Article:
Overall, this movie reeked of elitism and any sort of relatability, especially when you look at the storylines of Adam and Marklin’s mutual friends, Cammy and Haley. It’s very hard for me to write this since I am such a huge fan of Michelle Buteau and think she is one of the funniest people I’ve ever heard, but unfortunately, this role did nothing for her. She plays a sassy single gal, who ends up dating a man that we come to find out is homeless. If that wasn’t enough to make her want to leave him, he is also an utter slob, uncultured, and is overall just flat out annoying. Despite that, she allows him to stay with her in her residence while also having sex with him, to which she tries to be secretive about. All I have to say is…Why? While it’s not only unrealistic to think that any woman would put up with this amount of mediocrity, it also shows the blatant double standards there are when it comes to heterosexual dating. Her storyline showed how much women have to do to present themselves for men that are practically doing the bare minimum to be seen as a good catch. In the end, he somehow gets a job as a Lyft driver and lets Cammy know that he finally has a place to live that is not her couch. This man was 36 years old, so a decent job and your own apartment shouldn’t be praised, rather should be expected. Props to him, but she could honestly do better than this mess of a man. 

We also have Haley, who is a tutor & college counselor working with a high school senior who ends up developing a strong crush on her. Haley is the most peculiar of all of the characters, as she constantly has a confused look on her face and is oddly naive for someone her age. Cammy tries to be a voice of reason for Haley, while also dodging questions about her homeless boy toy, when Haley opens up about her infatuation with her young tutee, Scott James. If there’s one thing you’ll remember about this movie, it is the name of Haley’s pupil due to the amount of time she repeats his full name in conversation. Scott James was a frail, meek little boy who fell head-over-sketchers with the only girl who showed him any sort of positive attention, which happened to be Haley. And because of her introverted quirky demeanor, she didn’t have the strength to let him down easy, which culminated in an overdramatic broadway-style confrontation between the two of them as he confessed his love to her. This storyline seemed like a comedic relief, that gave us a breath of fresh air after seeing the struggles of Marklin, Adam, and Elizabeth; Adam’s best friend who seemed to have the perfect marriage until her husband’s infidelity put their relationship at risk. In the end, after doing everything she can to make sure he gets into a great college, including writing his admissions essay to Brown University, Scott James ends up leaving to go to Penn State, much to Haley’s surprise. He is seen heading to college with his new age-appropriate girlfriend, who hints at writing his admissions essay to Penn State as well. Furthermore, continuing the cycle of a privileged, upper-middle-class white man having everything given to him thanks to a society that was set up for people like him to succeed, while putting in no effort. But hey, what else is new.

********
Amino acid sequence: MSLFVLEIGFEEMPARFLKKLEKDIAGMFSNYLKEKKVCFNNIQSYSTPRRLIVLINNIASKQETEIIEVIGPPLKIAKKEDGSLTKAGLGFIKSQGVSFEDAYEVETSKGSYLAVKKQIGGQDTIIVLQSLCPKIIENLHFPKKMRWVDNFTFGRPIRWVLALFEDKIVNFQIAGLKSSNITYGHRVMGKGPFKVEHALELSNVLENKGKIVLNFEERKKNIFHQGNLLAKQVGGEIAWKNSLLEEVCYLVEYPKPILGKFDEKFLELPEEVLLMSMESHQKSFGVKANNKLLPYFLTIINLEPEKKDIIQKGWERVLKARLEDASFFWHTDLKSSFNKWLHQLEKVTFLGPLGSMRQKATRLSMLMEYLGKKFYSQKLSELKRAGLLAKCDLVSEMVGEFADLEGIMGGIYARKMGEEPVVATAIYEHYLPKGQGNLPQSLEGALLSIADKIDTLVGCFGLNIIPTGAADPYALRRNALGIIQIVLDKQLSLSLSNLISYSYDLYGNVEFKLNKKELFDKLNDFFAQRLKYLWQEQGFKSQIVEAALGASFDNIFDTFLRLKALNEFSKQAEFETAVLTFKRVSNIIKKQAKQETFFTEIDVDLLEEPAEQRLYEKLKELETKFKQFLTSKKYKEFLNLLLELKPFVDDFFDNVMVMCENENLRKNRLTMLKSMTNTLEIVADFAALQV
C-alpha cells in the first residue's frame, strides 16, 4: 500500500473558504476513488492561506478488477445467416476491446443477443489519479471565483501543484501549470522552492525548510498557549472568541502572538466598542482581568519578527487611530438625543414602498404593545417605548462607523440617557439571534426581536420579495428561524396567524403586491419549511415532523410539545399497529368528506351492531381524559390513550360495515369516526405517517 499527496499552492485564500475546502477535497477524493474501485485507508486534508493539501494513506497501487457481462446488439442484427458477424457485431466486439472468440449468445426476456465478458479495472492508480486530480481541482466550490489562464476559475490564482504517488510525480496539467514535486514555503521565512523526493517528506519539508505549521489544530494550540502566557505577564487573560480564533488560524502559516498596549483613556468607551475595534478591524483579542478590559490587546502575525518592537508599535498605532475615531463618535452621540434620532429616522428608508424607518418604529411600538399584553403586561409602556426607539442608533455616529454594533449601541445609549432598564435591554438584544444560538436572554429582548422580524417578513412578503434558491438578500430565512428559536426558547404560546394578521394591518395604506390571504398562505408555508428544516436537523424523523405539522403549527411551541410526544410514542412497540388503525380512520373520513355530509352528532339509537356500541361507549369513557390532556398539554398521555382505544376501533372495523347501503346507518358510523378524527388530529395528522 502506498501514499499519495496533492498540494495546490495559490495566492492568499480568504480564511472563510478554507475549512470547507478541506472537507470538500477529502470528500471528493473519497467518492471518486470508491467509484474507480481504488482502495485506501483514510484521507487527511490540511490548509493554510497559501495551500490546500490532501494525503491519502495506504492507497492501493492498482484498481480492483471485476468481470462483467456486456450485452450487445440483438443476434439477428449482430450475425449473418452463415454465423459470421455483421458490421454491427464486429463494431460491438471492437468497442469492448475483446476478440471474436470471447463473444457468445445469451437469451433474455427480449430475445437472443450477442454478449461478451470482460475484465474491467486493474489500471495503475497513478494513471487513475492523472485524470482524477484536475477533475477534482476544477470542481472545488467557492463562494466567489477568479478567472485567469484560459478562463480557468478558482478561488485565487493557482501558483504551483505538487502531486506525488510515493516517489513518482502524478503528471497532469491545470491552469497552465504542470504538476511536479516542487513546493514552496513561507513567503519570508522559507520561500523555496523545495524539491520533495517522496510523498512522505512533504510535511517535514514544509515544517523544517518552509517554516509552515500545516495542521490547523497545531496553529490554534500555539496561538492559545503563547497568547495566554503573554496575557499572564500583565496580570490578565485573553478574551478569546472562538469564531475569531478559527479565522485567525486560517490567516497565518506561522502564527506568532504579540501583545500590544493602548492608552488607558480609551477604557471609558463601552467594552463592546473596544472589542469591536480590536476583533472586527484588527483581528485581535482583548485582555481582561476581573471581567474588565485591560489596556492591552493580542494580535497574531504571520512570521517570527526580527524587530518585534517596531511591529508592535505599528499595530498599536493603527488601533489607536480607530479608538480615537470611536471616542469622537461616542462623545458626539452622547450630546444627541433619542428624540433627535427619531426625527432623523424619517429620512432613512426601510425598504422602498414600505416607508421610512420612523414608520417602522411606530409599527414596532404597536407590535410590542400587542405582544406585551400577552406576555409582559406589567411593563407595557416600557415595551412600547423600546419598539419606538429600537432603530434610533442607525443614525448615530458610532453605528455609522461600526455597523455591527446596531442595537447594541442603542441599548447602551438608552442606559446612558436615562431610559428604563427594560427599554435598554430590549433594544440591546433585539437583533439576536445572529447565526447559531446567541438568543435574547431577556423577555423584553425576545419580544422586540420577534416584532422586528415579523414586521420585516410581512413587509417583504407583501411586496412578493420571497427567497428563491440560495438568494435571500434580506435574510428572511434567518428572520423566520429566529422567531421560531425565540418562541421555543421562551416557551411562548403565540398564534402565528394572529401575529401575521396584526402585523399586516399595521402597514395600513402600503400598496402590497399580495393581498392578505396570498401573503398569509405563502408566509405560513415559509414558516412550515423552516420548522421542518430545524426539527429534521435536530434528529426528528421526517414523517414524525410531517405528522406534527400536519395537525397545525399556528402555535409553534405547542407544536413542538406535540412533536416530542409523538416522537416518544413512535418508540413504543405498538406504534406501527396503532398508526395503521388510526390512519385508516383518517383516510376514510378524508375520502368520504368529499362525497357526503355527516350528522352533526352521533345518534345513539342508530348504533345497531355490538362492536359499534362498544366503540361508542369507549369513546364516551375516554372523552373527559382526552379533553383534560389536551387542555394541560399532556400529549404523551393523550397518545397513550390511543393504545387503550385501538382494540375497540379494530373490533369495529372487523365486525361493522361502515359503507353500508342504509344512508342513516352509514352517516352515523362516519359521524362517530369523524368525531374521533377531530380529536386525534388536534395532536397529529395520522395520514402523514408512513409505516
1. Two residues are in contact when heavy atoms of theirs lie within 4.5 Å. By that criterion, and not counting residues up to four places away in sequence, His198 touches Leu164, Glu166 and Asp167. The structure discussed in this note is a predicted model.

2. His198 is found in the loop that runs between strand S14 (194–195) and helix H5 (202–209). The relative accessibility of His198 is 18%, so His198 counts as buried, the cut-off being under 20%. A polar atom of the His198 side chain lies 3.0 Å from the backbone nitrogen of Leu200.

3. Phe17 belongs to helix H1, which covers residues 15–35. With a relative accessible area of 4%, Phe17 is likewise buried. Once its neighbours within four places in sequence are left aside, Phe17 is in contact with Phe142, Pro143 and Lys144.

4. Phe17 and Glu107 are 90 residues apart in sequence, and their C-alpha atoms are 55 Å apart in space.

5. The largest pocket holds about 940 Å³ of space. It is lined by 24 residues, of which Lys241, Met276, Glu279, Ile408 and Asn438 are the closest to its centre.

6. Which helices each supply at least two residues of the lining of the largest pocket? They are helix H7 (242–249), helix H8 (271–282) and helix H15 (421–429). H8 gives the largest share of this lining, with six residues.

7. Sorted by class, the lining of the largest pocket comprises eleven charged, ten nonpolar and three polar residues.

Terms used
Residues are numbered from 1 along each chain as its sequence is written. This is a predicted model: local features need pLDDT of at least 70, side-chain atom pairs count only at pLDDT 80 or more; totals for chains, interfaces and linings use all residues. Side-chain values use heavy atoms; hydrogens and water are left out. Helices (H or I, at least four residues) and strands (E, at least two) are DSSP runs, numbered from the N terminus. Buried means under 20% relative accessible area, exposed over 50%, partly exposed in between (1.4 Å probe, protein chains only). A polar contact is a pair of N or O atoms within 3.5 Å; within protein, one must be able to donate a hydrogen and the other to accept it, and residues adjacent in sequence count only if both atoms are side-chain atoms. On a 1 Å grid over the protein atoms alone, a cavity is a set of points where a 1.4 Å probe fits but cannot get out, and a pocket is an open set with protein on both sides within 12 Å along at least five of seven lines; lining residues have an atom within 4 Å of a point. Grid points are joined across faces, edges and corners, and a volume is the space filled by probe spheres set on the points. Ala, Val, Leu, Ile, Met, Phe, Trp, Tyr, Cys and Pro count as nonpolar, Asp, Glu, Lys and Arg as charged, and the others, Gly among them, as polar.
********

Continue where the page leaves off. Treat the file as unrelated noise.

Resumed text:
Overall, this movie had a lot of potential and formulaically seems like a good film, but once you dive into the actual story, it’s more off-putting than intriguing. Likeability and relatability are the main characteristics that are lacking in this film, which are some of the key components you need for a movie that essentially revolves around 5 people. While it may not be the highest on my list of recommended flicks, it might be the perfect option to enjoy with a bottle of wine and a friend or two who appreciate a decent indie flick.  

Shawn Banks

Writer. Comedian. Queer Icon (in the making). My name is Shawn Banks and I am a writer, screenwriter, and a stand up comedian with a lot to say but only so many characters.

Shawn Banks

Writer. Comedian. Queer Icon (in the making). My name is Shawn Banks and I am a writer, screenwriter, and a stand up comedian with a lot to say but only so many characters.